Namibia‘s trade deficit narrows

23 March 2018
Namibia’s trade deficit narrowed by 18 percent or N$5,5 billion in 2017 to reach N$24 billion compared to N$29 billion recorded in 2016, the Namibia Statistics Agency’s 2017 trade statistics figures show.
While it appears the tough economic environment could have contributed to the decline, the Bank of Namibia’s drive to encourage Namibians to stop importing goods like luxury cars as it was eating to the foreign reserves also contributed.
The stock of foreign reserves declined at the end of January 2018 by N$1.8 billion to reach N$28.3 billion during January.
During 2017, Namibia’s overall exports amounted to N$63 billion and imports stood at N$87 billion.
Namibia mostly exported to South Africa, Botswana, Switzerland, China and Belgium, which absorbed a combined 58 percent of the value of all goods exported by Namibia. On the other hand, the domestic economy heavily relied on South Africa, Bulgaria, Botswana, China and Zambia for about 79 percent of its import needs.
The statistics showed that exports were mostly dominated by categories of diamonds, gold, precious metals, fish, ores, copper blisters and zinc, accounting for 73 percent of the exports.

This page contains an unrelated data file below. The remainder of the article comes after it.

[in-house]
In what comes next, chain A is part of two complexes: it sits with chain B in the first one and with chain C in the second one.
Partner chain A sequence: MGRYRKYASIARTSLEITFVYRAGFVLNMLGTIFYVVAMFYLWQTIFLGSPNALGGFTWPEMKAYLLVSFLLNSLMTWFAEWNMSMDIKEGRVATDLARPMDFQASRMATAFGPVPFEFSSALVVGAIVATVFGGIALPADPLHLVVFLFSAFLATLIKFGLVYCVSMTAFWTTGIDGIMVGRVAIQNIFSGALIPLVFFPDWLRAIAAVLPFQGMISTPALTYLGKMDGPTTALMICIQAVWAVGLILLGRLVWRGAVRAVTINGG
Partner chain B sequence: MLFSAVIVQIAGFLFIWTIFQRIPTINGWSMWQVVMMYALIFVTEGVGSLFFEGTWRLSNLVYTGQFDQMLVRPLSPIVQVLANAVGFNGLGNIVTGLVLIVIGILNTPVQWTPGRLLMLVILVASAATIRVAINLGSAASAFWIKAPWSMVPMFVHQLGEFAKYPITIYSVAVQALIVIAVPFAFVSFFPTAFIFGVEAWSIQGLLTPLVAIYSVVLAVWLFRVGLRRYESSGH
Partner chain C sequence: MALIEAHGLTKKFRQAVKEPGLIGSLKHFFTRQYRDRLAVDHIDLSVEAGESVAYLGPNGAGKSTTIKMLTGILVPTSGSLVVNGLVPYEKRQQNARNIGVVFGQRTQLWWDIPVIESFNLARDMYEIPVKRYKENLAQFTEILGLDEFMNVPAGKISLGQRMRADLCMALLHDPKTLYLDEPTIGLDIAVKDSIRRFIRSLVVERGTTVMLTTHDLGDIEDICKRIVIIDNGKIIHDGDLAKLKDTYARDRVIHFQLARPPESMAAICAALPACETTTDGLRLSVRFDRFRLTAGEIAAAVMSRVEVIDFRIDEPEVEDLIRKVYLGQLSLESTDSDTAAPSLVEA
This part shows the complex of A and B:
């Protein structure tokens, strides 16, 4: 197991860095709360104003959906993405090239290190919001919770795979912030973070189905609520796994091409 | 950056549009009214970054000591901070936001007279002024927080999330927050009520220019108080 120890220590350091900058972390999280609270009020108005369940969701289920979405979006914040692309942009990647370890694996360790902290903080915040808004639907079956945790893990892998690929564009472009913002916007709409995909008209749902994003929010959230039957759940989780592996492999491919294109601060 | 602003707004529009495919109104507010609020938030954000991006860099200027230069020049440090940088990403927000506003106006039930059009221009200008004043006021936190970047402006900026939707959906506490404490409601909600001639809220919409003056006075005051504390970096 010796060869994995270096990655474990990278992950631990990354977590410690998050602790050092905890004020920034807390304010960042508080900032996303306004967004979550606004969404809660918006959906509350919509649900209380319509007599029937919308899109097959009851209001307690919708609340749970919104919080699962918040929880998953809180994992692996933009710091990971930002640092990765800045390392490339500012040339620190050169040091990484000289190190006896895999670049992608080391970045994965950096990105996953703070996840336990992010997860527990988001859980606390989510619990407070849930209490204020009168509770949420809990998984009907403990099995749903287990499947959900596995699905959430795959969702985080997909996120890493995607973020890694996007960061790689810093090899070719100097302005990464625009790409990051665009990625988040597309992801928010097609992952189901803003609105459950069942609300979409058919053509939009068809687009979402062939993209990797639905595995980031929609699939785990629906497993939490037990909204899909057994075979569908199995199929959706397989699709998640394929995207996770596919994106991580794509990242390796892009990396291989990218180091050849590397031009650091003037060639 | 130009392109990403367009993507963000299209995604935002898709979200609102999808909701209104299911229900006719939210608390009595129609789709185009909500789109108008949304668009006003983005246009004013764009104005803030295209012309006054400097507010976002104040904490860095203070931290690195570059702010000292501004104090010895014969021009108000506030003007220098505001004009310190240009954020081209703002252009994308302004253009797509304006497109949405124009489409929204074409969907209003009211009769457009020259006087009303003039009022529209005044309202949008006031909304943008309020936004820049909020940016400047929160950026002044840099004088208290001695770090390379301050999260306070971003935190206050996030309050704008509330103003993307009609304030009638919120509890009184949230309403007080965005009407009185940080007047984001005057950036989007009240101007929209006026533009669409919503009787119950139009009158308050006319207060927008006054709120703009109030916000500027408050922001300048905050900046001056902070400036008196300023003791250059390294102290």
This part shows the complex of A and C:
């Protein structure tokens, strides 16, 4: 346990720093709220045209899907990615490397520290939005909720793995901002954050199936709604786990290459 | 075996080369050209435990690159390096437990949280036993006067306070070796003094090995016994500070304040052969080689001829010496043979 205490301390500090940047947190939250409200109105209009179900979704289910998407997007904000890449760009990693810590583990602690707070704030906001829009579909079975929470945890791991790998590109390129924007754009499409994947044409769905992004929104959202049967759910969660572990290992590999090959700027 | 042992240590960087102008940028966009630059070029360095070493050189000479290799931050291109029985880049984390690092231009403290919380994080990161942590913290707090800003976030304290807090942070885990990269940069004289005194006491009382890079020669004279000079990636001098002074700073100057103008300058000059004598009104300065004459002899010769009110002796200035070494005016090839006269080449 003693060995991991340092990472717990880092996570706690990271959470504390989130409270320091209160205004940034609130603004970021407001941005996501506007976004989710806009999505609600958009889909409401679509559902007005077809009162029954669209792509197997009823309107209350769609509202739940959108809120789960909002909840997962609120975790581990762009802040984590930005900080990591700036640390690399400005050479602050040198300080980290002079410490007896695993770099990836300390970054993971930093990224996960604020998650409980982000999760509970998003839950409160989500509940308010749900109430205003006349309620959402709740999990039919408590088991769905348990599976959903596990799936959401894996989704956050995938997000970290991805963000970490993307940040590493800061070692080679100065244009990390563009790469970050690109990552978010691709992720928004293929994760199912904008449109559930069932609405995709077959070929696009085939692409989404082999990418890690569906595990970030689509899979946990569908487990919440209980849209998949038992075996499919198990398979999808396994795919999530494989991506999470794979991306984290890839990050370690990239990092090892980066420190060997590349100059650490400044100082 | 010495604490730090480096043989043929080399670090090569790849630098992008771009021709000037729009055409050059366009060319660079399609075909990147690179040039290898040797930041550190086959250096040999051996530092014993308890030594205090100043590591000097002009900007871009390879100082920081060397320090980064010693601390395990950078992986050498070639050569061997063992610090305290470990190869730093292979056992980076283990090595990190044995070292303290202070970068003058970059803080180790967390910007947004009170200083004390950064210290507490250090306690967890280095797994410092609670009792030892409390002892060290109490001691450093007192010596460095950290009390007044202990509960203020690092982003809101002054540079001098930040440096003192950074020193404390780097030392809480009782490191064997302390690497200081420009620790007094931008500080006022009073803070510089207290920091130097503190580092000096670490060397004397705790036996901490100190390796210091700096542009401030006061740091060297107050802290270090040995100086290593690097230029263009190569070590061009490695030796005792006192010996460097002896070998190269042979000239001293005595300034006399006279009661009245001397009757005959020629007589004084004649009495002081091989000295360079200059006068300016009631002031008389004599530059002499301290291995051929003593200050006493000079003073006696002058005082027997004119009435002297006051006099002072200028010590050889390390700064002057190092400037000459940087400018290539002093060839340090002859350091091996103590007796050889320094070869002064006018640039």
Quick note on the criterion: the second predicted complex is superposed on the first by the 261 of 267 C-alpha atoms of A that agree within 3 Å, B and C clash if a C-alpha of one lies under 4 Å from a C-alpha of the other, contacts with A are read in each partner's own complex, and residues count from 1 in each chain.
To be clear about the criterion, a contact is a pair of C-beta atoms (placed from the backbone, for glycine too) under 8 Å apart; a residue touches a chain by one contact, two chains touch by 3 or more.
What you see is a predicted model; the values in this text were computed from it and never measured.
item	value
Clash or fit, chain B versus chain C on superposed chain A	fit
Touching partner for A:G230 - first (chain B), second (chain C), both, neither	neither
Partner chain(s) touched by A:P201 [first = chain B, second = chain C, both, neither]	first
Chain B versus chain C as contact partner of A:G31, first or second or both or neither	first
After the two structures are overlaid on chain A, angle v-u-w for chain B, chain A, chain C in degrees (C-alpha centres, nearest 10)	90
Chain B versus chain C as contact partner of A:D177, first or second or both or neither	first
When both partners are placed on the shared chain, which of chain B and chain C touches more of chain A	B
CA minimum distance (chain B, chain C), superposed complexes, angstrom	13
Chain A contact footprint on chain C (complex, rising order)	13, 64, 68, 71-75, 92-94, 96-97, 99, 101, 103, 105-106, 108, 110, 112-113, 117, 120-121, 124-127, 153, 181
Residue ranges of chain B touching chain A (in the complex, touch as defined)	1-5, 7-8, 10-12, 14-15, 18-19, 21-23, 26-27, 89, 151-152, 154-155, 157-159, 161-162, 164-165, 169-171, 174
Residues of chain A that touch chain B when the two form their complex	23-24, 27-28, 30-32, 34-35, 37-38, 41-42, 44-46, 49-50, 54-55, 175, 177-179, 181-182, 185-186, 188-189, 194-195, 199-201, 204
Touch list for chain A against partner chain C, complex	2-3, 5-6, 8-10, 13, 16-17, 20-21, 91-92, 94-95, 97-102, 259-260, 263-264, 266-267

The imports were mostly led by mineral fuel and oils, vehicles, machinery, ores, diamond, gold and precious metals, accounting for 43 percent of total exports. In relation to regional groupings, Namibia’s exports were largely absorbed by the Southern Africa Customs Union (SACU) at 39 percent of total exports, while a 24 percent contribution was to the EU and 14 percent contribution by the European Free Trade Association (EFTA.)
Imports into the country, were mostly sourced from SACU, which accounted for 66 percent of overall imports, with the EU coming in a distant second place with 14 percent of the imports.
Other imports came from BRIC countries, which contributed nine percent, whereas COMESA and SADC-Non-SACU made up six percent of domestic imports.
“Sea transportation remained the most used mode for transport for exports, with 44 percent of the total exports and 33 percent via air transports, while road transported 23 percent of the value of all goods exported,” the agency said.
By contrast, road transport was the most used mode of transport; accounting for a staggering 62 percent of imports to Namibia, coming in second place was sea transportation with 31 percent of total imports.
“This is about double the size of the contribution made by road transport. Meanwhile, air transport came in a distant third place with meagre six percent contribution,” the agency said.


The Windhoek Observer is an English-language weekly newspaper, published in Namibia by Paragon Investment Holding. It is the country's oldest and largest circulating weekly.

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